The Cape Cod Cottage

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Princeton Architectural Press, May 4, 2006 - Architecture - 96 pages
The Cape Cod cottage has been one of America's most popular home styles for almost four hundred years. While a perennial domestic favorite, historians have long ignored the modest Cape Cod, relegating it to a vernacular footnote along with barns and mills. In The Cape Cod Cottage architectural historian and photographer William Morgan places this uniquely American housea remarkable combination of necessity and traditionin its historical context and makes a compellingargument for the reassessment of its place in the history of American architecture.

The Cape Cod Cottage follows the uniquely American house type from its earliest beginnings in the colonial period, through its spread across New England, to its embrace as a suburban ideal in the twentieth century, and its reinterpretation by contemporary architects. Historical images oflost Capes augment beautiful new photographs taken specifically for the book. As a tribute to a special house, The Cape Cod Cottage is an appeal to preserve the Cape's legacy and an essential document of this unique architectural icon.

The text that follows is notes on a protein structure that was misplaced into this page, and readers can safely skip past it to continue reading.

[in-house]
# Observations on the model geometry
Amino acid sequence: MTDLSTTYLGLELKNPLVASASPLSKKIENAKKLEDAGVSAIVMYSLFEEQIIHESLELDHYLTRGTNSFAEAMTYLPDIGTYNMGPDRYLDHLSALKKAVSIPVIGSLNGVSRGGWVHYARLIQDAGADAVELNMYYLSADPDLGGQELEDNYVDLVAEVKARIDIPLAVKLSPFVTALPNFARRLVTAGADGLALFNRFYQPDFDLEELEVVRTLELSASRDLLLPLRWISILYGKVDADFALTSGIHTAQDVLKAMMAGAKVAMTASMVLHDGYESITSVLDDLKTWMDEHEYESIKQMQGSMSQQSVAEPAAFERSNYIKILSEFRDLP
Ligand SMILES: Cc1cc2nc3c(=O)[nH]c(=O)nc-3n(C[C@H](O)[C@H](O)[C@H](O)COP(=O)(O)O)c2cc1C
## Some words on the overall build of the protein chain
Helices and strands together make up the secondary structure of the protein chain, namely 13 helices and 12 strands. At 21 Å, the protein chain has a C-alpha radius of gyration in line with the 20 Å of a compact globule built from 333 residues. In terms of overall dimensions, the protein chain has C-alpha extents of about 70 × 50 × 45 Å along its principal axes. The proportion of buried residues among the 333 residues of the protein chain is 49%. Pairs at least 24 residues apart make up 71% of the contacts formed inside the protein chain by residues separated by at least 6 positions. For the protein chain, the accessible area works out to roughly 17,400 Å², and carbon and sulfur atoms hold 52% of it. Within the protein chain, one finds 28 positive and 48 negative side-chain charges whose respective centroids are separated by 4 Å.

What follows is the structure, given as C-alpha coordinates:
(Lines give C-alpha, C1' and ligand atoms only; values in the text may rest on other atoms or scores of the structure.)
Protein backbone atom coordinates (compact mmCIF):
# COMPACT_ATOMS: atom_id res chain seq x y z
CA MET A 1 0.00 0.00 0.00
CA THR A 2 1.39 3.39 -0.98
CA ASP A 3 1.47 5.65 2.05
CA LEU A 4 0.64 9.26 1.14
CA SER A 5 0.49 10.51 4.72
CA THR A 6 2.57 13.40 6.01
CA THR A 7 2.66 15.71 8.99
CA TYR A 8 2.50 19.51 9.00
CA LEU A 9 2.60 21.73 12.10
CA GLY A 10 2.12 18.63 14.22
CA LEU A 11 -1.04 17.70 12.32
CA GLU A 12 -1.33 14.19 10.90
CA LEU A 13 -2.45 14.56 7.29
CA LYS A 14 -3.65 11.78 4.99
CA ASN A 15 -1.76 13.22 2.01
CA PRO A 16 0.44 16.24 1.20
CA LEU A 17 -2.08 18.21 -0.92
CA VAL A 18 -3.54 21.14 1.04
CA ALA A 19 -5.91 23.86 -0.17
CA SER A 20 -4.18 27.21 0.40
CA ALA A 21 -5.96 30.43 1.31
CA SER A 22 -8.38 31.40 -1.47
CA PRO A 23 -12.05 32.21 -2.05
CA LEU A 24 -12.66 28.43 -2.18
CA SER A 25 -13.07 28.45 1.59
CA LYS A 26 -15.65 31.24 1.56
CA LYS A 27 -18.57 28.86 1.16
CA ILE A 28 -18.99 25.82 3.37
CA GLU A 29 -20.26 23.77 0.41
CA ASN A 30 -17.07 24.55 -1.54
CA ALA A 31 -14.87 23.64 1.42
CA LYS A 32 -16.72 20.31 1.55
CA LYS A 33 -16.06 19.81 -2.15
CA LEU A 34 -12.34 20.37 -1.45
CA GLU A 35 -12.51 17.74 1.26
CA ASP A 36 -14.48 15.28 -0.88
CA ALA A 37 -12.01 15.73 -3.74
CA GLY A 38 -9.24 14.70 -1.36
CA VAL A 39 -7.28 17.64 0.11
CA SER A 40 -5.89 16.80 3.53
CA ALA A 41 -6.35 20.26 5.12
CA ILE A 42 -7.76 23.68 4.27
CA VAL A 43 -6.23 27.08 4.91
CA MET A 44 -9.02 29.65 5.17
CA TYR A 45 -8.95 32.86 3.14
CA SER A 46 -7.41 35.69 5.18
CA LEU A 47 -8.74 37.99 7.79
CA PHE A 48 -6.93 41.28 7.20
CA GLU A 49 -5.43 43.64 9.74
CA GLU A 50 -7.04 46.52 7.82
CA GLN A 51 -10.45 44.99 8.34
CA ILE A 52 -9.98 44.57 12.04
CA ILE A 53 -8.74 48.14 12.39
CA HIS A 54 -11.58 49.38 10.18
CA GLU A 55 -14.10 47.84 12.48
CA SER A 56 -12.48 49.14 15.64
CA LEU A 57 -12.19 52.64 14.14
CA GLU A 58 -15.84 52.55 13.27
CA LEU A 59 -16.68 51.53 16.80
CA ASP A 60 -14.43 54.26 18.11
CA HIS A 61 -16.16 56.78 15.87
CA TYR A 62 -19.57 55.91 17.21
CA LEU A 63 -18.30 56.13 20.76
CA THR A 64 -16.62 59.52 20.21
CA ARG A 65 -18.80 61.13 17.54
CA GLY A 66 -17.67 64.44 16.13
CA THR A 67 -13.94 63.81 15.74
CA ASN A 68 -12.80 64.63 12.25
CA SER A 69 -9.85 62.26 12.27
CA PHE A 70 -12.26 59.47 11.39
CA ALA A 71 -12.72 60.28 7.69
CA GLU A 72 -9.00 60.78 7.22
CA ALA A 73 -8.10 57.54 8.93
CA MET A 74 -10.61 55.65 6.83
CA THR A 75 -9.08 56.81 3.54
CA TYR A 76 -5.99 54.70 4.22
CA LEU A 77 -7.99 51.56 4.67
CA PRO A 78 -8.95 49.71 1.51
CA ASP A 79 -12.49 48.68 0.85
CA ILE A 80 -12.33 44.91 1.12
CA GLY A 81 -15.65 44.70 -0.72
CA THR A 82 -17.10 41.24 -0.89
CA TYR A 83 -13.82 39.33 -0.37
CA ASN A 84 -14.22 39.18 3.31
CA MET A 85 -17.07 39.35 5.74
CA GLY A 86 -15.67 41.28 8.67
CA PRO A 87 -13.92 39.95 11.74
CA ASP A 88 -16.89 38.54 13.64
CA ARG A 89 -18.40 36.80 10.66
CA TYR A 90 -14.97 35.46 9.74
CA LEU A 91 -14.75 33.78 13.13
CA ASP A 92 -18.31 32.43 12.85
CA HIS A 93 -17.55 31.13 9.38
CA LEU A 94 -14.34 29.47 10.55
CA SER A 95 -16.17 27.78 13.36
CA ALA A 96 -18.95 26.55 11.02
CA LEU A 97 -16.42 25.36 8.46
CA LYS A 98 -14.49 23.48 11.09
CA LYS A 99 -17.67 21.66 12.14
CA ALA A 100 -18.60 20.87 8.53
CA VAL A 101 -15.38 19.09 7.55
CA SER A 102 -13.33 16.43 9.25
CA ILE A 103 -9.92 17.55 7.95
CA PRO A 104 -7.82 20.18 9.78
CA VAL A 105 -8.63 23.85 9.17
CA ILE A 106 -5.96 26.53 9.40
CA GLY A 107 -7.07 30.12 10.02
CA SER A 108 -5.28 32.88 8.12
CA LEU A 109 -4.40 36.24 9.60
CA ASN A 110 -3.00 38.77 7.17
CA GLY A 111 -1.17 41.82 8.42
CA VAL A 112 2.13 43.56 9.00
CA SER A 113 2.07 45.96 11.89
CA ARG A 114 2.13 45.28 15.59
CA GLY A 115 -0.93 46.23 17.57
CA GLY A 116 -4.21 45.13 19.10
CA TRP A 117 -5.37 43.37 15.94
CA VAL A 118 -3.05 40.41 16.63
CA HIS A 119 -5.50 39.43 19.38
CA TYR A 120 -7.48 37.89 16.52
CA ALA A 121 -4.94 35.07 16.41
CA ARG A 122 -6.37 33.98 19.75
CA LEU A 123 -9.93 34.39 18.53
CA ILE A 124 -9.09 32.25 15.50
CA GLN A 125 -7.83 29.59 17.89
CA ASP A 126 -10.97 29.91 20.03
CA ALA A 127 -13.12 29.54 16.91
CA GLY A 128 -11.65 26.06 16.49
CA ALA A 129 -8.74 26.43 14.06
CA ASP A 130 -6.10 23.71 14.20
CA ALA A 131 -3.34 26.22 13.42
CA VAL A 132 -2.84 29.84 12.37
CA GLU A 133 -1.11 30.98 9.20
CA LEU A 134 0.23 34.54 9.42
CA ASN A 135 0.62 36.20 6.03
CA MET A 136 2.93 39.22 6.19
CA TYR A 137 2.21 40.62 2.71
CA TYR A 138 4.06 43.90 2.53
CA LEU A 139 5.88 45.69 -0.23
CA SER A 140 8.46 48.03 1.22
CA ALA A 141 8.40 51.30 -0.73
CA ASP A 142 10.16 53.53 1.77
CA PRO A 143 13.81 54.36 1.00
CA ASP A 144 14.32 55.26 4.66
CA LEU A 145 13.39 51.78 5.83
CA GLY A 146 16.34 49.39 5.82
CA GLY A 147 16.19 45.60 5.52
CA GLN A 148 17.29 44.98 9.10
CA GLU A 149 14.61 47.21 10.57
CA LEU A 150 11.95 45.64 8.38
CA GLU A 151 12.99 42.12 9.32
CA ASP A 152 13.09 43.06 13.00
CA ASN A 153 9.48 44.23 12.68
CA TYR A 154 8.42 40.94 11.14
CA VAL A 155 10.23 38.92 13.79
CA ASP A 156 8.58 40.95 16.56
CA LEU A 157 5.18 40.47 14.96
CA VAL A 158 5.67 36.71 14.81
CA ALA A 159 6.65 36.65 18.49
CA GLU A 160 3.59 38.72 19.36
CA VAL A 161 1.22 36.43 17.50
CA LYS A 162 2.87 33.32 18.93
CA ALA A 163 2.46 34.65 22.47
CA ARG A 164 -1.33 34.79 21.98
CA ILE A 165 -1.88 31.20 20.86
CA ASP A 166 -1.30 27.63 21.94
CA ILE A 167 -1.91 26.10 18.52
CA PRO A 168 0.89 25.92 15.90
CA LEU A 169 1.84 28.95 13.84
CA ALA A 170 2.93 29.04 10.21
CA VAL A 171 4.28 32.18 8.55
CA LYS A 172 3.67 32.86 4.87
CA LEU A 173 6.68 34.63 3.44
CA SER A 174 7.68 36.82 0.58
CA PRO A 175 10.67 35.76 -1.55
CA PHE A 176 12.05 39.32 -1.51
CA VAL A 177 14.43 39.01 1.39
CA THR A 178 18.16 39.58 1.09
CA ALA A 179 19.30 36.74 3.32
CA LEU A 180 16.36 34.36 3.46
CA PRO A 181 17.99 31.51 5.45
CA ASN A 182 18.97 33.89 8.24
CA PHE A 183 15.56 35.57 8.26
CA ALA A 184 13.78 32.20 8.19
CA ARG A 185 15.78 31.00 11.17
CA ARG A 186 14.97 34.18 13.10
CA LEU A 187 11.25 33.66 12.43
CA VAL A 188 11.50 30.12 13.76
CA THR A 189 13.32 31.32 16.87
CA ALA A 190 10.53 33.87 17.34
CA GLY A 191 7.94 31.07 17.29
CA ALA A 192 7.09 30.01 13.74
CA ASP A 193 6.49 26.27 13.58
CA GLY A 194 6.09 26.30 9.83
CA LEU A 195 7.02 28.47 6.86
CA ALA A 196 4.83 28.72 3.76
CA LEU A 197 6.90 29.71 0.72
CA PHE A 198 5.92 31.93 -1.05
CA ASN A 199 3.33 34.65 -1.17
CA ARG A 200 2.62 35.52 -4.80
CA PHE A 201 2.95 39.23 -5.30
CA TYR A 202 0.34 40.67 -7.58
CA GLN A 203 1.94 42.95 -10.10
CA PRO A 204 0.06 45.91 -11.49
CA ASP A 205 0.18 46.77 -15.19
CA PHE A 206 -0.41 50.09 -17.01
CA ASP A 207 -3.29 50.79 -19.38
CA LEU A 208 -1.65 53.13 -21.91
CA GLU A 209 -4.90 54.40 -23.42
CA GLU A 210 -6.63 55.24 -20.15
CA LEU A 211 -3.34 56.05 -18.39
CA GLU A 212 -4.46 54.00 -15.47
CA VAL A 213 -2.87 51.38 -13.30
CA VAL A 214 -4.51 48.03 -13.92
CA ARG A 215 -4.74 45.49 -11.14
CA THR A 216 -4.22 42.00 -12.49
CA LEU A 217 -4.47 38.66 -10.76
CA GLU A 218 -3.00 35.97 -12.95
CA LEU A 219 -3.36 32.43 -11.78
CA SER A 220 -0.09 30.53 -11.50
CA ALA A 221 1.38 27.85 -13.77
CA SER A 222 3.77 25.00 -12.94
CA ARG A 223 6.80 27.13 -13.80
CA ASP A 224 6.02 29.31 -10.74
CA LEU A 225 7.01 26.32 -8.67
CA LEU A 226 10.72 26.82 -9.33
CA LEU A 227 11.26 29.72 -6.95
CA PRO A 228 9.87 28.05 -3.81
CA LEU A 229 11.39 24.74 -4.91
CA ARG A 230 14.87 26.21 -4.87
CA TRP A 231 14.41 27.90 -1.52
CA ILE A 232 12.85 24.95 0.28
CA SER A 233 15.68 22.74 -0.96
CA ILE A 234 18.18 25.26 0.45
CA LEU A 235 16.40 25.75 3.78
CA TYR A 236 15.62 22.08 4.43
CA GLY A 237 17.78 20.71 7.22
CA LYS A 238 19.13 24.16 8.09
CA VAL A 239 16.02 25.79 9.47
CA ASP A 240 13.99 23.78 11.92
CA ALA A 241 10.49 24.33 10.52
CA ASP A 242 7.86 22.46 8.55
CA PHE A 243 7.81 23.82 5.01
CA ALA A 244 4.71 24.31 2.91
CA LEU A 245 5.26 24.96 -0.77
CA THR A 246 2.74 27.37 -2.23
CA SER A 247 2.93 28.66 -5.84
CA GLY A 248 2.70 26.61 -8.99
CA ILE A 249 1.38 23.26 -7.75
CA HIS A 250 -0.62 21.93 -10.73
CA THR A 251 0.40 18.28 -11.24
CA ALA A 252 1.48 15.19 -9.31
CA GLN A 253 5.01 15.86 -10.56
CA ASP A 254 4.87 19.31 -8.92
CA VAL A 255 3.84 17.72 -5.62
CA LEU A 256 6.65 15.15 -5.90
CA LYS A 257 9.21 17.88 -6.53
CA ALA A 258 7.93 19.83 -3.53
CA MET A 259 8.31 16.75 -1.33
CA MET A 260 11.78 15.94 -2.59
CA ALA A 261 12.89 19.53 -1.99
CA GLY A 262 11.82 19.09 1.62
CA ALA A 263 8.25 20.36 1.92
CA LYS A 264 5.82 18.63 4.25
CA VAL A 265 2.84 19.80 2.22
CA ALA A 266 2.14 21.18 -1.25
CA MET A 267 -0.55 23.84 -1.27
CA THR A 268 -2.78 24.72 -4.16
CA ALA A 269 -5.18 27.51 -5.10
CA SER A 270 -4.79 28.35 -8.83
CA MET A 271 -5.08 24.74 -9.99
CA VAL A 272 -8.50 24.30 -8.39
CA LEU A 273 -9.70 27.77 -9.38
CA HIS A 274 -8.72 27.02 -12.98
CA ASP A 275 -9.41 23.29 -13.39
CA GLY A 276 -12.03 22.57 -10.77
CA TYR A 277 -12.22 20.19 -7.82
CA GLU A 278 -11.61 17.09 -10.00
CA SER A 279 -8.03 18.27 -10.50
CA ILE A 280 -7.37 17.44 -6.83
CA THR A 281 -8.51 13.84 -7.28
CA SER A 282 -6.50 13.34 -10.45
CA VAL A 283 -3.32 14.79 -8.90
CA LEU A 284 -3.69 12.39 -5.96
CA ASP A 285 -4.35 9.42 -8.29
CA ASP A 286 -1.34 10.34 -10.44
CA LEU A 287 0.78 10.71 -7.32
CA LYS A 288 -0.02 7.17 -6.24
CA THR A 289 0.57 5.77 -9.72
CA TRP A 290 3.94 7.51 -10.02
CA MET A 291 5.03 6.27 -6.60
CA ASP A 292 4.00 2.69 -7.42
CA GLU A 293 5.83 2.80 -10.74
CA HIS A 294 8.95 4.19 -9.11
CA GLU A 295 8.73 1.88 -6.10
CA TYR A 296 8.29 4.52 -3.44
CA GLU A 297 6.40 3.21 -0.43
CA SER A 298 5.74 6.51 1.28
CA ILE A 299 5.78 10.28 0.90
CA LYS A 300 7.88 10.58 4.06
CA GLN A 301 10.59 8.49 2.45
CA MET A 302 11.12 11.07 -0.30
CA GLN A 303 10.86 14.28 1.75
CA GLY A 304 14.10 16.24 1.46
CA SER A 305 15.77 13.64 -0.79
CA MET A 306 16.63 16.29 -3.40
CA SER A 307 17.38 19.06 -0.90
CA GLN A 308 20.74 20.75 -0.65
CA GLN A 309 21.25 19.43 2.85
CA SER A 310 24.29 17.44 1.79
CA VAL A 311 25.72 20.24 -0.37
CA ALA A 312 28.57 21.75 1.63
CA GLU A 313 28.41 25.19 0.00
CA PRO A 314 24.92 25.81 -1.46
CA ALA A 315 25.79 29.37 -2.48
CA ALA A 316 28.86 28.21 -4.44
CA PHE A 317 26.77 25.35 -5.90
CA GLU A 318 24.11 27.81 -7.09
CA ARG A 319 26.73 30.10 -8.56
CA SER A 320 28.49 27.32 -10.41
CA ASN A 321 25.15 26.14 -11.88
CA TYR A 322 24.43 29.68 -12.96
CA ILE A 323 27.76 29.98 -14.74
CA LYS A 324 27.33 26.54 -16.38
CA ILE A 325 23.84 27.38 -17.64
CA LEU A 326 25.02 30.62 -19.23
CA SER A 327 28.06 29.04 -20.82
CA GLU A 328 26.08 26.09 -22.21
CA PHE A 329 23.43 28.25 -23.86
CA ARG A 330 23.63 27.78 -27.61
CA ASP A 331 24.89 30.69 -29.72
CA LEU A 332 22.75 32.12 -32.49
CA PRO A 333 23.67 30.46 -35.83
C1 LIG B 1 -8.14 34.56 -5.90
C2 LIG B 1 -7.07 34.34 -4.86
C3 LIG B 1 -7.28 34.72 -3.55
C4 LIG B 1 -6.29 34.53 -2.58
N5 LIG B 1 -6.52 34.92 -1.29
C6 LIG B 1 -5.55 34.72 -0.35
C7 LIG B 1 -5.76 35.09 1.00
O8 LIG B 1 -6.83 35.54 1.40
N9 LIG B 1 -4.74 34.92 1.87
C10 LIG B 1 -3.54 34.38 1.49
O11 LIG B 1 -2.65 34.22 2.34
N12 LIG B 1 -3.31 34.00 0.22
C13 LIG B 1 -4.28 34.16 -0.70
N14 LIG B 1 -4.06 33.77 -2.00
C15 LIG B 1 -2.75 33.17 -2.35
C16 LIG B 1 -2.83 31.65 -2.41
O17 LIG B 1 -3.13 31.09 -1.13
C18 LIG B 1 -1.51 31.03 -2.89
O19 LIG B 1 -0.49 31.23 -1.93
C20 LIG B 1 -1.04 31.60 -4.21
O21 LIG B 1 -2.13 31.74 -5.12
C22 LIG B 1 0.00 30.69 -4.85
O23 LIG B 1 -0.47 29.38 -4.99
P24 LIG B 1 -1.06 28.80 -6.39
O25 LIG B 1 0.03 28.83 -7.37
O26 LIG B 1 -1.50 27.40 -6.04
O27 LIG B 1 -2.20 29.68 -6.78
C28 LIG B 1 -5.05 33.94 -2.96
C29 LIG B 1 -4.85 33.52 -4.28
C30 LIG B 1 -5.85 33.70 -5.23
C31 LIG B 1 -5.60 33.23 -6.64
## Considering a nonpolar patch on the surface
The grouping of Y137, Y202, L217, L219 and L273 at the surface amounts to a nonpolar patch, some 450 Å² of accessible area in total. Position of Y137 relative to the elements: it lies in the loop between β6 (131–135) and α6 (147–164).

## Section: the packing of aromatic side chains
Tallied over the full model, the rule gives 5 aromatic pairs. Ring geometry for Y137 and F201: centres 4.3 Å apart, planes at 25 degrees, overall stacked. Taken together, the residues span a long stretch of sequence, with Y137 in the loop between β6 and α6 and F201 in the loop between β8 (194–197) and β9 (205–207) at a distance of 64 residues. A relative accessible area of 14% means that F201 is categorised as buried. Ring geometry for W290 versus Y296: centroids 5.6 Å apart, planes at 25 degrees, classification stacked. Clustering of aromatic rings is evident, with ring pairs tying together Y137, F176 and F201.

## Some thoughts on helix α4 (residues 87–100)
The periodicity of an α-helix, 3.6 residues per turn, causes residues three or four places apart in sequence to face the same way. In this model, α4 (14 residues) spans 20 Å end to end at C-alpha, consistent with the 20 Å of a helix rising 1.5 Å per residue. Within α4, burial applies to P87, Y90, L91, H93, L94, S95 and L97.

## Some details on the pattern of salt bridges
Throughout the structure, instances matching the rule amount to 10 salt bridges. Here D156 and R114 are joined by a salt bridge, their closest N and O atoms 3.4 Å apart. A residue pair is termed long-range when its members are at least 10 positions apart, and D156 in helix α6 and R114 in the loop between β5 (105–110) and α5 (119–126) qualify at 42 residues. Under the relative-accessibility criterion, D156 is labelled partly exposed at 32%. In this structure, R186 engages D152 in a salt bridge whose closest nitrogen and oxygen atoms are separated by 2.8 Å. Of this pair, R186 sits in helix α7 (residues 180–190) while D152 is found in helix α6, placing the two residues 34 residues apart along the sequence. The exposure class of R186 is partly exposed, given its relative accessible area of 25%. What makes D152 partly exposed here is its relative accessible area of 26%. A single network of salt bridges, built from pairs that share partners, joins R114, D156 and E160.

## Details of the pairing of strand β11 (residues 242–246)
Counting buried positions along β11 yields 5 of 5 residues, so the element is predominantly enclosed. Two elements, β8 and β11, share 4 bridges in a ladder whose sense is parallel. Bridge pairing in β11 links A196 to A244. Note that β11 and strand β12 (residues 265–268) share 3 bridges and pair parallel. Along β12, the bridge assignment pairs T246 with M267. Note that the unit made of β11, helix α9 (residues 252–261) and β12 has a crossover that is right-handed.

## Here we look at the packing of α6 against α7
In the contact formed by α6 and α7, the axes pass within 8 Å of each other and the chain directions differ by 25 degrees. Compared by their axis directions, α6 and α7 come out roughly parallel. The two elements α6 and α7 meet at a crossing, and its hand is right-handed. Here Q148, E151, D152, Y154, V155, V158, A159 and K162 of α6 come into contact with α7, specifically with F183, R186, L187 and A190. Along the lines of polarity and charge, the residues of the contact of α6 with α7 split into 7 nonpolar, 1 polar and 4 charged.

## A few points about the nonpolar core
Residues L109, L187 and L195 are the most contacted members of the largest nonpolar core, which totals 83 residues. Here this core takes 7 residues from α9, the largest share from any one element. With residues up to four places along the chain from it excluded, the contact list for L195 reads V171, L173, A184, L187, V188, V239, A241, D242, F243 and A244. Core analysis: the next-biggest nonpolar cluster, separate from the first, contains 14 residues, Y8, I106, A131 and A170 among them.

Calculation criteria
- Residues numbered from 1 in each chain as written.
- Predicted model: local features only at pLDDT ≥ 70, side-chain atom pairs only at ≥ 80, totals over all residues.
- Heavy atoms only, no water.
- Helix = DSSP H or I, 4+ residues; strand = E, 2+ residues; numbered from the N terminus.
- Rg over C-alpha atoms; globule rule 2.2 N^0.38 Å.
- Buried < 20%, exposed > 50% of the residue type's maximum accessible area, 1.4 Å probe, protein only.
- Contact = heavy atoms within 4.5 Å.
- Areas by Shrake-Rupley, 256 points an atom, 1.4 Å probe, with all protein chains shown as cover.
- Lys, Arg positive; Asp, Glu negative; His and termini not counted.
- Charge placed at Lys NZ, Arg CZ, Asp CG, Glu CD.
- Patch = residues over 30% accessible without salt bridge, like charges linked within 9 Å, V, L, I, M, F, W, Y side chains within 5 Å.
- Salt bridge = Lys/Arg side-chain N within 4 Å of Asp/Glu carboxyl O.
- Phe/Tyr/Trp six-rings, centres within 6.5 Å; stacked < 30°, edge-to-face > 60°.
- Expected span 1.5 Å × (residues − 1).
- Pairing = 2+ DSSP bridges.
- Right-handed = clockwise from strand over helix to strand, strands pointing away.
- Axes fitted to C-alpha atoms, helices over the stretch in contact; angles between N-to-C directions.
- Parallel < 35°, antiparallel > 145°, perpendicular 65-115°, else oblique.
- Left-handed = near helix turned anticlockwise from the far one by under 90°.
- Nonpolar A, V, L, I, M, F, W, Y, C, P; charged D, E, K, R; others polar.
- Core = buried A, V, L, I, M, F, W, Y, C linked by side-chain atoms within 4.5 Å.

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Contents

Acknowledgments
Foreword Daniel V Scully
Essay
Copyright

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About the author (2006)

William Morgan is an architectural historian and a photographer based in Providence, Rhode Island.

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